Between withheld information, unnecessary use of force, and aggression toward journalists, it should be clear by now that police in Ferguson colossally mishandled the aftermath of Michael Brown's death. A new Mother Jones report, however, paints an even bleaker picture than we've already seen.

After Brown was shot on August 9, mourners including Brown's mother created an impromptu memorial on the spot where his body fell and was left for hours. Then, according to several sources told Mother Jones's Mark Follman, a police officer let his dog piss on it:

The incident was related to me separately by three state and local officials who worked with the community in the immediate aftermath of the shooting. One confirmed that he interviewed an eyewitness, a young woman, and pressed her on what exactly she saw. "She said that the officer just let the dog pee on it," that official told me. "She was very distraught about it." The identity of the officer who handled the dog and the agency he was with remain unclear.

Not long after that, police blocked off the area and proceeded to drive a car over candles and rose petals that had been placed there.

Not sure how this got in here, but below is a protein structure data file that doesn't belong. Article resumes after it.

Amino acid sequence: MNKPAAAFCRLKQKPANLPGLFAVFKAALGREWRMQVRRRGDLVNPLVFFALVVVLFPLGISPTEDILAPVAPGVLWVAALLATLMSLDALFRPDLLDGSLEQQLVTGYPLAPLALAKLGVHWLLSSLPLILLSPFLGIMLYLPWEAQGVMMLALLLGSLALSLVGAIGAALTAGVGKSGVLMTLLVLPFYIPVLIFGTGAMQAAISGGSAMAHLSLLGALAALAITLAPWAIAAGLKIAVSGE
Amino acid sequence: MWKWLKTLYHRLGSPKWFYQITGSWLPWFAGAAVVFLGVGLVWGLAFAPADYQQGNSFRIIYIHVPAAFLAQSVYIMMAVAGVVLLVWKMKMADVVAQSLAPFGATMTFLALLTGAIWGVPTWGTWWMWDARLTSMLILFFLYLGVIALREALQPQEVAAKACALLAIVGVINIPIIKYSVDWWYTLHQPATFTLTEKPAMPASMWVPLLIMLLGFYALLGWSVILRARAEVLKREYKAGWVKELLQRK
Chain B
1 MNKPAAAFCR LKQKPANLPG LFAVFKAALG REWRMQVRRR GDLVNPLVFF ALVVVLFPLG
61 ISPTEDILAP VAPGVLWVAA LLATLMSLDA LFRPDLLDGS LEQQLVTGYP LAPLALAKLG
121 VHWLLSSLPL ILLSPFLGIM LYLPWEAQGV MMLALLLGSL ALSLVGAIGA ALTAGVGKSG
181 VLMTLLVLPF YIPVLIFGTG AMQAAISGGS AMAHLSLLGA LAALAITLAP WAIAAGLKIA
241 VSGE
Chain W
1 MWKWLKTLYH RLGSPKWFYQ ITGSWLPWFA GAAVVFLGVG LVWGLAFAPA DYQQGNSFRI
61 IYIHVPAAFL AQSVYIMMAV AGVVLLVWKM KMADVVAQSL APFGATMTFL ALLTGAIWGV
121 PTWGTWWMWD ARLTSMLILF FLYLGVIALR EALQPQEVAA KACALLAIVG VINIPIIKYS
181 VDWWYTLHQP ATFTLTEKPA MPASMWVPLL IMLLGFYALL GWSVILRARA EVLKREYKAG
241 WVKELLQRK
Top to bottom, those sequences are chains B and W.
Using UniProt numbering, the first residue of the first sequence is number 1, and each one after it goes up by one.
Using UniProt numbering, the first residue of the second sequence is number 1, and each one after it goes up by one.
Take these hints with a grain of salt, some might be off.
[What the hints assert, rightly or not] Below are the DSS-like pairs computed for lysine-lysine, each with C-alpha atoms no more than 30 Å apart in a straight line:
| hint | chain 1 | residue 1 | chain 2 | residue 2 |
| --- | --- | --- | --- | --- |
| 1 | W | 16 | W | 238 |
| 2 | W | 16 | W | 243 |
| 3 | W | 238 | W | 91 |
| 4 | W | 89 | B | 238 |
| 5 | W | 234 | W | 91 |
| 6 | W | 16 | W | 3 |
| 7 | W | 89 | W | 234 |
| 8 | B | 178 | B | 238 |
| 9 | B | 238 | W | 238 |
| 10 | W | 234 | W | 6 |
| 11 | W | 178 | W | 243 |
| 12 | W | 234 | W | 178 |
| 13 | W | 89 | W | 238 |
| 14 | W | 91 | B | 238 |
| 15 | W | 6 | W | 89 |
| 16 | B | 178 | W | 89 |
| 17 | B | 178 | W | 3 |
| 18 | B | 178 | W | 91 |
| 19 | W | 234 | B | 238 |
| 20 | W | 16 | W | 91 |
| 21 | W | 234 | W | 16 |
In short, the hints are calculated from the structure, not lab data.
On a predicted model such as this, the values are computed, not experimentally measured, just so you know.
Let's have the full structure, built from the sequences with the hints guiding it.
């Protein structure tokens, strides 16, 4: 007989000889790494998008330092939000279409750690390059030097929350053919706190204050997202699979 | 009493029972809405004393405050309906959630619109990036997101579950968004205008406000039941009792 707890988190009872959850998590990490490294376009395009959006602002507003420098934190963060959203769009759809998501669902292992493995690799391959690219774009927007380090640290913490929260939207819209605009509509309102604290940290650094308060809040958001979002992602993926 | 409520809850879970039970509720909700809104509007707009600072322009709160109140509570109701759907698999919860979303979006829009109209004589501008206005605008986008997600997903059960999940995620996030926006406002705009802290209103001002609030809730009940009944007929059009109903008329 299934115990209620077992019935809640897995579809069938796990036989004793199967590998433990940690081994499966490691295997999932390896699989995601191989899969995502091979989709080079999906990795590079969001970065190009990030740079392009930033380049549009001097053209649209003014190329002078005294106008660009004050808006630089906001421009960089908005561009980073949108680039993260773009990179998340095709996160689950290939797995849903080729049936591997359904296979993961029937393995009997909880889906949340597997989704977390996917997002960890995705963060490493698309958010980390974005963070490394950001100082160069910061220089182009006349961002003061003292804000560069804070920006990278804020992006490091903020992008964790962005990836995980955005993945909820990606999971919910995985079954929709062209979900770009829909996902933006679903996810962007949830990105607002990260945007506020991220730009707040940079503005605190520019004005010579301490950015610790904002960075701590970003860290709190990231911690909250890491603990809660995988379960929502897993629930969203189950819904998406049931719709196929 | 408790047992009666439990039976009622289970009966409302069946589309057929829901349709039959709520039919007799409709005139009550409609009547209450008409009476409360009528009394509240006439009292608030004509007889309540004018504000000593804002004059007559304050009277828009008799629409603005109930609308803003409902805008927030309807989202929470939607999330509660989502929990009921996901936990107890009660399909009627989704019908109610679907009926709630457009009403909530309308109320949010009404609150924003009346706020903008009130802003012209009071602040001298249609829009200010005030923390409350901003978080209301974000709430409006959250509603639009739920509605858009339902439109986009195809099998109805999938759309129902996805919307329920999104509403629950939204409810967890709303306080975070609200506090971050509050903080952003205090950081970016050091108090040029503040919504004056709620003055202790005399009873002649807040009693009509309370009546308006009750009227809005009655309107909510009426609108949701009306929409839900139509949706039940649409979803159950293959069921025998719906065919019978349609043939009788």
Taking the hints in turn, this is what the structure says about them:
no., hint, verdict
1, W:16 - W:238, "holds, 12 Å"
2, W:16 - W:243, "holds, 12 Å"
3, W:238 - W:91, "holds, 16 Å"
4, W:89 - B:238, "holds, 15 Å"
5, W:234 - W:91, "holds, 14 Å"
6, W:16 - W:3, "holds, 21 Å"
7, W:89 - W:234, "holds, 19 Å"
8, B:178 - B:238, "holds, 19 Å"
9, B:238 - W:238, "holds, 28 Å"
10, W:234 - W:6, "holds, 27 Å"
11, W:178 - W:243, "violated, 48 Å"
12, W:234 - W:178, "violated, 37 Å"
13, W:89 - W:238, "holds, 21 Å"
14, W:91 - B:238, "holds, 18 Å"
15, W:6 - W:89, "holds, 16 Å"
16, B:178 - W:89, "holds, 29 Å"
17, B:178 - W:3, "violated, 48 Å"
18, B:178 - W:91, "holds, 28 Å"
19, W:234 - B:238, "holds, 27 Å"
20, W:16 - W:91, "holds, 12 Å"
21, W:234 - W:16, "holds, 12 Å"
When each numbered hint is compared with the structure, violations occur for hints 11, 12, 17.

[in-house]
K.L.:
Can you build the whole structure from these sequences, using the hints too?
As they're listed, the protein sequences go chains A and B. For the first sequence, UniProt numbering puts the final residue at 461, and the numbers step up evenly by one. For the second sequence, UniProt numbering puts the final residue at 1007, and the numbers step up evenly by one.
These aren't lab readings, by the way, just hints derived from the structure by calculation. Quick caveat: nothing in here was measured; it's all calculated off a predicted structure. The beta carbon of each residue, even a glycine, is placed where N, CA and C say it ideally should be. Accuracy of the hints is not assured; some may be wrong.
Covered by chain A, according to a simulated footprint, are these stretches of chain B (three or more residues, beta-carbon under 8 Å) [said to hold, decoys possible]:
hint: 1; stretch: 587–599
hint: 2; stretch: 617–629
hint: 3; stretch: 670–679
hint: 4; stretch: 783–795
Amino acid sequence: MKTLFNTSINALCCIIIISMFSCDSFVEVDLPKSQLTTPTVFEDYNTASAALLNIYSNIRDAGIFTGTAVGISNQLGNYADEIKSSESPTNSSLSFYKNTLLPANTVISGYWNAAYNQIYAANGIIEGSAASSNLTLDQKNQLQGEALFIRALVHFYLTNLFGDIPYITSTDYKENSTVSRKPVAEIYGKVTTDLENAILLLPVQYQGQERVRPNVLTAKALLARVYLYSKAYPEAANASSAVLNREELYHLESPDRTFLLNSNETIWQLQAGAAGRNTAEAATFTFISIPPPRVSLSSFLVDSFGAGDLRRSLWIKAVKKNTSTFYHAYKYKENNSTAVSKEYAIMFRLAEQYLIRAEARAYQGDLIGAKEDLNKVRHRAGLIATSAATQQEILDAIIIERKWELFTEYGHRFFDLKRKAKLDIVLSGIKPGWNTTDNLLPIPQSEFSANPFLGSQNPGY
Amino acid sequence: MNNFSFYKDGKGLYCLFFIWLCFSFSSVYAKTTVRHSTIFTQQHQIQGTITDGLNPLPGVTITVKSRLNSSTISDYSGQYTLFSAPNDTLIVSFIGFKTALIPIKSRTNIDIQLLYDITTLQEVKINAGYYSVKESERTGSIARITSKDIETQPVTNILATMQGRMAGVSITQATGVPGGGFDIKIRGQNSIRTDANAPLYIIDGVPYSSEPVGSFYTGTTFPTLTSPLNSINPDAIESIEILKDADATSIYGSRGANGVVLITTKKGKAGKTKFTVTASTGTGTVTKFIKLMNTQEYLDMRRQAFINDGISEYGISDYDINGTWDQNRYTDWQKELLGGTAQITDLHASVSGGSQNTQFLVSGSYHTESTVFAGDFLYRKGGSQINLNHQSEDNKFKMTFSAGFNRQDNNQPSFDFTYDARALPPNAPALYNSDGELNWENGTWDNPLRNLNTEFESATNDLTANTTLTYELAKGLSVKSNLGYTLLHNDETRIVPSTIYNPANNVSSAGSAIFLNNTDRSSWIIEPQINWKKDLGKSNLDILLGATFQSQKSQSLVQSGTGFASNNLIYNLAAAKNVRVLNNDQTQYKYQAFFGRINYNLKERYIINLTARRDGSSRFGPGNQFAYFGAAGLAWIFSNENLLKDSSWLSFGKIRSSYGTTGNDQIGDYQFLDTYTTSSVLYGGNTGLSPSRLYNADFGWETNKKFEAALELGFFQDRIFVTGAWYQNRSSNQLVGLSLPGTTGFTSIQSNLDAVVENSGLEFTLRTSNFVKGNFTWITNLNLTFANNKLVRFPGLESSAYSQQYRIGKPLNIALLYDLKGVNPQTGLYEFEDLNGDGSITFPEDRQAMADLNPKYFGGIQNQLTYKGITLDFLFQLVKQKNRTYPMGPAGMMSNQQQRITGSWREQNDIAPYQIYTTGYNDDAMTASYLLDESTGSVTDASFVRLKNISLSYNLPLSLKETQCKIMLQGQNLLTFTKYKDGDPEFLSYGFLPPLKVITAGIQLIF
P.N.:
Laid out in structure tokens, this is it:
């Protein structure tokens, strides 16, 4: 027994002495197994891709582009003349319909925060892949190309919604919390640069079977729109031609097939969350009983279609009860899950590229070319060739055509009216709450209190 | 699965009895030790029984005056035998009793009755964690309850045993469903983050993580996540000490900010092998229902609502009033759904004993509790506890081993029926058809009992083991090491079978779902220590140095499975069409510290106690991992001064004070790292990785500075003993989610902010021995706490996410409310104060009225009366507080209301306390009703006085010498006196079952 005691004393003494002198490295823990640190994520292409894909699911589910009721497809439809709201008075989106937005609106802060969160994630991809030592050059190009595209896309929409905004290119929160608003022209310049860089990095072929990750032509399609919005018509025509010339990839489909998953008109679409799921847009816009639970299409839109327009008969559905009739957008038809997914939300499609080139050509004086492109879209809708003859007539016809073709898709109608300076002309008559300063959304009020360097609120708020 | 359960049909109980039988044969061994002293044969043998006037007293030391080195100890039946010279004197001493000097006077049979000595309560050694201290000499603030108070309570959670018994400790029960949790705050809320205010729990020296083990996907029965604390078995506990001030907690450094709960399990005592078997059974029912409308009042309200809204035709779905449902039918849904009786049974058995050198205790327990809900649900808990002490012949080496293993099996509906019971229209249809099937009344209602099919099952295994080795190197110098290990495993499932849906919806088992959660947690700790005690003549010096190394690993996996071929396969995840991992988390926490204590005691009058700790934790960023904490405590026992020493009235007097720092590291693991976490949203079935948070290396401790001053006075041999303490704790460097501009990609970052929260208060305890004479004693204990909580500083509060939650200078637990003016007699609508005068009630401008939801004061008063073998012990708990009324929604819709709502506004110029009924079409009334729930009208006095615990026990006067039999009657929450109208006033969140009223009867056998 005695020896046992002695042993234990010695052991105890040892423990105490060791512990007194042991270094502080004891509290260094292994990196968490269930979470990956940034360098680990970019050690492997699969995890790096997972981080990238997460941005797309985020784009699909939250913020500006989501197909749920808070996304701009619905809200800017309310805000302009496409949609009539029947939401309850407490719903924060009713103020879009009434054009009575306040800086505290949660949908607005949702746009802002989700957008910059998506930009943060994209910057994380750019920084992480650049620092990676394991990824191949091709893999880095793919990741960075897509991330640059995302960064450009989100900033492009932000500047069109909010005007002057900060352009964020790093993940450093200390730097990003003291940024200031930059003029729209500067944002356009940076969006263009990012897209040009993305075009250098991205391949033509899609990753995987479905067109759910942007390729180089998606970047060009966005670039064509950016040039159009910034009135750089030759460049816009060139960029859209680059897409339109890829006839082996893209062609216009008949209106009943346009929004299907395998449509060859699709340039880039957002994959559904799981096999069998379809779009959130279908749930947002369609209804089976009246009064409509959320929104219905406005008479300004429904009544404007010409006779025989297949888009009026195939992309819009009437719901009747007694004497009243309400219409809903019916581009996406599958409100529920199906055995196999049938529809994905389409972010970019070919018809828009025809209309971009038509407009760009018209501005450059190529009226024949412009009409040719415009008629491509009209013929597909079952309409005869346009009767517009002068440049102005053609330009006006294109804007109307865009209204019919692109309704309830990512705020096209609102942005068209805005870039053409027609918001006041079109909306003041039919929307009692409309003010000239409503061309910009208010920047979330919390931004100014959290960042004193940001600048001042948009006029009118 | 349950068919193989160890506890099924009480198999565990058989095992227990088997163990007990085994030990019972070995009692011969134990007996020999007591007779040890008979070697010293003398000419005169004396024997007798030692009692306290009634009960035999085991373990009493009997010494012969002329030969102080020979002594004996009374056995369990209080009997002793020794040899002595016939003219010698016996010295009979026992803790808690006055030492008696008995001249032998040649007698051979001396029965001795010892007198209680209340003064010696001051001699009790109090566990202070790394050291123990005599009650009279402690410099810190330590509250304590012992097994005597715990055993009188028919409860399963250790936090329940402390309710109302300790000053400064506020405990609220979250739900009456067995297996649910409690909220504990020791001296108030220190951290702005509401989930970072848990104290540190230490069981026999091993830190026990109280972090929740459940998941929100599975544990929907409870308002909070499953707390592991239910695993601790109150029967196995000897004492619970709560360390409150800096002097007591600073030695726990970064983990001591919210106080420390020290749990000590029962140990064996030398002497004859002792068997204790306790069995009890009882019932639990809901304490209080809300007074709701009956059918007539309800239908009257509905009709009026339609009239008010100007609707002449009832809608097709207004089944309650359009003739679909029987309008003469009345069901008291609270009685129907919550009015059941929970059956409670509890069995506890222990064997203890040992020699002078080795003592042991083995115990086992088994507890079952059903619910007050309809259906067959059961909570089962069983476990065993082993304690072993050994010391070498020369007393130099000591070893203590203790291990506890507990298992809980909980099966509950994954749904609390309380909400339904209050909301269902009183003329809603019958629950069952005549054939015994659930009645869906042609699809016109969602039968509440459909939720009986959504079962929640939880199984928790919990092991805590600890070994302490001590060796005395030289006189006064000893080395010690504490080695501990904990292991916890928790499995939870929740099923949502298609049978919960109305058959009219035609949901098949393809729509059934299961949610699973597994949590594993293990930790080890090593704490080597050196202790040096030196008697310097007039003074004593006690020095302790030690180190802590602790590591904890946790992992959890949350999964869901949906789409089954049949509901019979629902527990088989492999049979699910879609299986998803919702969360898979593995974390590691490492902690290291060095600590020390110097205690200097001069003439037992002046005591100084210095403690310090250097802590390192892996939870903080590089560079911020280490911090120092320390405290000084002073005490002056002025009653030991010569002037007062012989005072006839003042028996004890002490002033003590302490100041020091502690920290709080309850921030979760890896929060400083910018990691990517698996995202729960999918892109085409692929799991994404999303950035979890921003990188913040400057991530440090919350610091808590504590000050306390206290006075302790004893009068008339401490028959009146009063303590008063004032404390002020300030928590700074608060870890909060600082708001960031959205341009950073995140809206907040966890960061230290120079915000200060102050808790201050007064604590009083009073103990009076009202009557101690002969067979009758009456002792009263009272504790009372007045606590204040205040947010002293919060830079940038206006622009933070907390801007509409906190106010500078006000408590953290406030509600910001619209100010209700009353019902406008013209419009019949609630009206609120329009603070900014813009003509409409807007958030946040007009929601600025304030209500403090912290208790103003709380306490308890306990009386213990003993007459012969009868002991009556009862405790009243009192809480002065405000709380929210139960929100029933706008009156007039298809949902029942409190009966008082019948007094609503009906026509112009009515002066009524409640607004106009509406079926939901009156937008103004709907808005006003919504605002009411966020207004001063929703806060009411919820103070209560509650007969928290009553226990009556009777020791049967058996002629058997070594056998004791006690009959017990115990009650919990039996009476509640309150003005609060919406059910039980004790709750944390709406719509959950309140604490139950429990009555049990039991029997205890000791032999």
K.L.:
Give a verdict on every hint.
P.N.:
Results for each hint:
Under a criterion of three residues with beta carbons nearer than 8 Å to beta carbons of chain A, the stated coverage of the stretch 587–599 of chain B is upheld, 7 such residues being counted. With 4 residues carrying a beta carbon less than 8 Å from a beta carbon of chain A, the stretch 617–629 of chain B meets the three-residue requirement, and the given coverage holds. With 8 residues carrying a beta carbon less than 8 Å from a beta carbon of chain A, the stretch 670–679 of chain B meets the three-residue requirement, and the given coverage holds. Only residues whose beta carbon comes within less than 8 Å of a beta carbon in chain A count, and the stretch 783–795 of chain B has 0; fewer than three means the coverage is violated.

By then, police had prohibited all vehicles from entering Canfield Drive except for their own. Soon the candles and flowers had been smashed, after police drove over them.

"That made people in the crowd mad," [Missouri state Rep. Sharon] Pace said, "and it made me mad." Some residents began walking in front of police vehicles at the end of the block to prevent them from driving in.

St. Louis alderman Antonio French, who was later arrested during a protest and released without charges, documented the scene at the time.

Tommie Pierson, a Missouri state representative, told Follman a state police officer nearly maced him when he stood with a group of peaceful protesters August 19:

There was a strong police presence but the atmosphere remained peaceful, Pace told me, and their goal was to mediate between their constituents and law enforcement. Police officers approached and ordered the crowd to keep moving. A female Missouri Highway Patrol officer confronted Pierson, reaching for her mace.

"Are you getting ready to mace me?" Pierson asked in disbelief. The officer backed off after Pace explained to another cop who they were.

"It's bad when you don't have any respect for anybody," Pierson told me last week. "Even now that's still going on: 'You do what I tell you, or I'll mace you, I'll shoot you, no questions asked.'"

If one has any doubt about whether stories like Pierson's are true, one only need look at the video evidence.

[Image via AP]